Amaq News Agency, a propaganda arm of the Islamic State, was quick to claim credit for Adan's terror. “The executor of the stabbing attacks in Minnesota yesterday was a soldier of the Islamic State and carried out the operation in response to calls to target the citizens of countries belonging to the crusader coalition,” Amaq's statement read. That language is nearly identical to the statements issued after several small-scale operations in Europe this past summer. At least some of the terrorists responsible for those attacks had ties, even if only via the Internet, to Islamic State operatives. Indeed, the so-called caliphate has become increasingly efficient at providing digital direction to aspiring terrorists.

It is too early to tell if Adan had significant ties to the Islamic State, online or otherwise. But the stabbings he carried out are precisely the sort of violence the Islamic State has sought to instigate.

On September 19, Ahmad Khan Rahami was captured after a shootout with police in Linden, N.J. Rahami, a 28-year-old naturalized citizen whose family is from Afghanistan, was found sleeping in the doorway of a local bar. He is charged with the bombings in New York and New Jersey.

When authorities took Rahami into custody, they discovered a blood-soaked notebook with his scribblings inside it. The complaint filed by the Department of Justice the day after Rahami's arrest noted that he had referenced “the instructions of terrorist leaders that, if travel is infeasible, to attack nonbelievers where they live.” The complaint accurately stated that Rahami had praised Osama bin Laden and Anwar al-Awlaki, an al Qaeda ideologue who plotted and inspired attacks in the West before he was killed in a 2011 drone strike. But the complaint oddly left out another key name: Abu Muhammad al-Adnani.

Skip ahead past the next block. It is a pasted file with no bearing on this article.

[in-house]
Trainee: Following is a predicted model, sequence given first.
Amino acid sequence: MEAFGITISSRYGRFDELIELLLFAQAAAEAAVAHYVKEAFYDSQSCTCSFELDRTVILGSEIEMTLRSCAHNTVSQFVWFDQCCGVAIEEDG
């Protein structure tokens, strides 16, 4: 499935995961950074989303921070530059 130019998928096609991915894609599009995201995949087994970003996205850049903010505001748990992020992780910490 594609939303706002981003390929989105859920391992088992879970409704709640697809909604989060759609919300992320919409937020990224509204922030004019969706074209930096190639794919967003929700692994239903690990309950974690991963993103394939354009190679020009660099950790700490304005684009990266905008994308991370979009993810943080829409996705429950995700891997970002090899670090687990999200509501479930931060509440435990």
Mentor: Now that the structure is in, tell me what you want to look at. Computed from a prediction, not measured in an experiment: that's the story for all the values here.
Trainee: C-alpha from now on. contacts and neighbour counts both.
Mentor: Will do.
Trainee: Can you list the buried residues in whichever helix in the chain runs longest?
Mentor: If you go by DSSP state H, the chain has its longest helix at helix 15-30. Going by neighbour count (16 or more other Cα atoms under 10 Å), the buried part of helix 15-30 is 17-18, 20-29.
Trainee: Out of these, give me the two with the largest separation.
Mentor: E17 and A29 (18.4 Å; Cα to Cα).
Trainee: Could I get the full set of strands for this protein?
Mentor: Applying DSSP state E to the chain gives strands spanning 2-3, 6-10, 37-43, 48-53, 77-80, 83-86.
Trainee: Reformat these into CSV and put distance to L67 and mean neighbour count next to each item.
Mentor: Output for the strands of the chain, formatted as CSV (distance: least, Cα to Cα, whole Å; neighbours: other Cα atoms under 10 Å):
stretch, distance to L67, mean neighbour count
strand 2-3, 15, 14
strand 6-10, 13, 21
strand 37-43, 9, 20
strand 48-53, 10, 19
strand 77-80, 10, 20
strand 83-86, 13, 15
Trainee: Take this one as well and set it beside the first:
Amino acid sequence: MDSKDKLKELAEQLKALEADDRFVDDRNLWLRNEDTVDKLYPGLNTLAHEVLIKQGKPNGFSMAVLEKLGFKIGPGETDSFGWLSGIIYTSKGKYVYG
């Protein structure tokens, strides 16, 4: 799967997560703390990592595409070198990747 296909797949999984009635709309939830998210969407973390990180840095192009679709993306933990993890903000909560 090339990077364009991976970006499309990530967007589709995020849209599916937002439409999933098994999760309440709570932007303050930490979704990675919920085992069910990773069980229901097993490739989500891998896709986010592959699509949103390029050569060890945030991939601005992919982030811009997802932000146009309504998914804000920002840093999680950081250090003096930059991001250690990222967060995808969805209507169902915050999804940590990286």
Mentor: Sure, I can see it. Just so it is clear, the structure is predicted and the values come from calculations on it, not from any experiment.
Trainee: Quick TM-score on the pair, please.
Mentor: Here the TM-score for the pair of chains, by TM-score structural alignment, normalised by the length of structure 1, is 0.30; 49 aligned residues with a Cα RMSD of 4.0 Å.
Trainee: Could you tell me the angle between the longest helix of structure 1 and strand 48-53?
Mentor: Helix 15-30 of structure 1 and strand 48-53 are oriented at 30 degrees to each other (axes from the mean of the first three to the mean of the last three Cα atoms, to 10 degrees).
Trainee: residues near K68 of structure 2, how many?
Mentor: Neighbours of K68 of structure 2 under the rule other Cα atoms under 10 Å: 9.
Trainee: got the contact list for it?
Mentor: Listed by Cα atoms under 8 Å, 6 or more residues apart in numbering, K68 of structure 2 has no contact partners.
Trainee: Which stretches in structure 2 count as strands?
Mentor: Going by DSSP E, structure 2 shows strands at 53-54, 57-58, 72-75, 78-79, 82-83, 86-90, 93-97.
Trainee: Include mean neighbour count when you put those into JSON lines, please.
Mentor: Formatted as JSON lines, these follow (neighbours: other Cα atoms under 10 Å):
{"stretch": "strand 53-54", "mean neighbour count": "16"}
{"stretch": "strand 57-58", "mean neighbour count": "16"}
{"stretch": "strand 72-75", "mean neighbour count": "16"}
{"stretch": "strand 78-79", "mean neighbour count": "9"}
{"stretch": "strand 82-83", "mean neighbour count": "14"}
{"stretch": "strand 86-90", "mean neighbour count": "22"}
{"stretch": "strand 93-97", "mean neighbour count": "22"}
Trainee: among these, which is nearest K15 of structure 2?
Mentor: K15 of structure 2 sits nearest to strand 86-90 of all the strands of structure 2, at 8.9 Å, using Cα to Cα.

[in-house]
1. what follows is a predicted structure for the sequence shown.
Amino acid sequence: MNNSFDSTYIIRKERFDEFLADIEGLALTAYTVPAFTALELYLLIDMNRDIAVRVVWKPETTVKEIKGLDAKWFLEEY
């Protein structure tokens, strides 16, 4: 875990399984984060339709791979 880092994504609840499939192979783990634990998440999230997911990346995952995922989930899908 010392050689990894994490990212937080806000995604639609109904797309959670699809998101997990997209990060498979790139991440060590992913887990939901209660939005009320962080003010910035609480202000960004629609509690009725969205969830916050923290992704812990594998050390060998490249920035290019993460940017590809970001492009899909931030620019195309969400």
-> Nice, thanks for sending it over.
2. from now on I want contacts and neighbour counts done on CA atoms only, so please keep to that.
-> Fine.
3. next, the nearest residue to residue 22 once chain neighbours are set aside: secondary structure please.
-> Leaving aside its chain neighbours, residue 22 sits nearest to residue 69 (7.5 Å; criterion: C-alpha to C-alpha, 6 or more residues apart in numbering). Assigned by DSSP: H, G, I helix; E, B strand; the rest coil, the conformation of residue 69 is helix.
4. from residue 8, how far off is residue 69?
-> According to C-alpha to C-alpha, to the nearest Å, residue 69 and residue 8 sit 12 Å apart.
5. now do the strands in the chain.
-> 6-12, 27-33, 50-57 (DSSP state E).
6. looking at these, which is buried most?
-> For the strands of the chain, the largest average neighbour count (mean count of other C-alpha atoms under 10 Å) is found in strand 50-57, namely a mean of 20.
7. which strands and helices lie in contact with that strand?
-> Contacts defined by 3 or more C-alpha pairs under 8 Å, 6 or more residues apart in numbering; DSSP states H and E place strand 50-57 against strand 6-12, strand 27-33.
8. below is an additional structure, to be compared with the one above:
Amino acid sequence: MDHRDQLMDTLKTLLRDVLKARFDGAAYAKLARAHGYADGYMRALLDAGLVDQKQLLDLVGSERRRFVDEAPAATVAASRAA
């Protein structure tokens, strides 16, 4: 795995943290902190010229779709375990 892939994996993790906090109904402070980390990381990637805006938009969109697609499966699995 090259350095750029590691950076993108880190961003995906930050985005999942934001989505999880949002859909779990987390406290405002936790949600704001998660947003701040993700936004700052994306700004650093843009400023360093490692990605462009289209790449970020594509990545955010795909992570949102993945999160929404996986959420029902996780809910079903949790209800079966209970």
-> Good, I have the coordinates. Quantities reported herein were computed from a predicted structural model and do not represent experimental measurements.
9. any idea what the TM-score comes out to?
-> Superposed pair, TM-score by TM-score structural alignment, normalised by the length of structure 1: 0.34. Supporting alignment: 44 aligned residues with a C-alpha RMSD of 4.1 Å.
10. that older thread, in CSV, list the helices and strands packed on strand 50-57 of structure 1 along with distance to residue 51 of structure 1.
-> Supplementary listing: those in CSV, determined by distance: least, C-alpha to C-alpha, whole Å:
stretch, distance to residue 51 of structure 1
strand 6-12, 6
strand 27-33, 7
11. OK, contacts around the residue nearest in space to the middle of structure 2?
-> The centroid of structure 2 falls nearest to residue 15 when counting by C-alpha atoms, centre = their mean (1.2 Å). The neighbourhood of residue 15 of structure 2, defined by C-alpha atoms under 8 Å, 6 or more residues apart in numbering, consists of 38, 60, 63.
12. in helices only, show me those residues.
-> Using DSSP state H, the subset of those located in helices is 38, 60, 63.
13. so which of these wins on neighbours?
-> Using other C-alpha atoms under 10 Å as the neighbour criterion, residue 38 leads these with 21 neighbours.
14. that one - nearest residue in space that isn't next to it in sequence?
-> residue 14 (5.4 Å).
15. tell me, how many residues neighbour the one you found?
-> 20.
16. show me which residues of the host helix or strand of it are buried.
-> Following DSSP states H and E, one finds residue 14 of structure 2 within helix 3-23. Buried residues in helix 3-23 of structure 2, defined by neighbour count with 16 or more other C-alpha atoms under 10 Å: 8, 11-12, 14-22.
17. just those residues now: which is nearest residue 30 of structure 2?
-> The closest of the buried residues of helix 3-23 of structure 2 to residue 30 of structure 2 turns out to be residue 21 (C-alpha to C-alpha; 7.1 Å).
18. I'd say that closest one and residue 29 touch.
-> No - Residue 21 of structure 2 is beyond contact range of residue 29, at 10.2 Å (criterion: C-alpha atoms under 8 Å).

Adnani, who was killed in an American airstrike in August, served as the Islamic State's spokesman and oversaw the group's anti-Western plotting. In May, Adnani told followers that if Western nations have “shut the door of hijrah [migration] in your faces,” then they should “open the door of jihad in theirs,” meaning in Europe or the United States. “Make your deed a source of their regret,” Adnani said. “Truly, the smallest act you do in their lands is more beloved to us than the biggest act done here; it is more effective for us and more harmful to them.”

Adnani's name is clearly legible under Awlaki's name on the page of Rahami's notebook that references what the complaint describes as “the instructions of terrorist leaders.” That same page contains the word Dawla, which means “state” and is frequently used as a shorthand for the Islamic State. IS has not yet claimed credit for Rahami's attack.

There is still much we don't know about Dahir Adan and Ahmad Khan Rahami. Authorities are investigating Adan's digital footprints and reinvestigating Rahami's trips in recent years to Afghanistan, Pakistan, and Turkey. But we do know this: Lady Luck played the biggest role in stopping the jihadists from killing men, women, and children on September 17.

The bomb Rahami is believed to have placed in Chelsea wounded 31 people, but could have easily killed many of them. According to the complaint filed in Rahami's case, the bomb was “comprised of a high-explosive main charge” and “packed with ball bearings and steel nuts, hundreds of which were recovered from the blast site.” It blew out windows 400 feet away and up to three stories high. Fortunately, the bomb was somewhat incompetently placed inside a dumpster, which absorbed much of its blast and lessened its destruction. And in St. Cloud, an off-duty policeman and firearms instructor, Jason Falconer, shot and killed Dahir Adan mid-rampage.

If more capable terrorists decide to strike in the coming months, we might not be as lucky. Rahami's notebook included a reference to attacking the Kuffar (nonbelievers) “in their backyard.”

Thomas Joscelyn is a senior fellow at the Foundation for Defense of Democracies. Follow him on Twitter @thomasjoscelyn.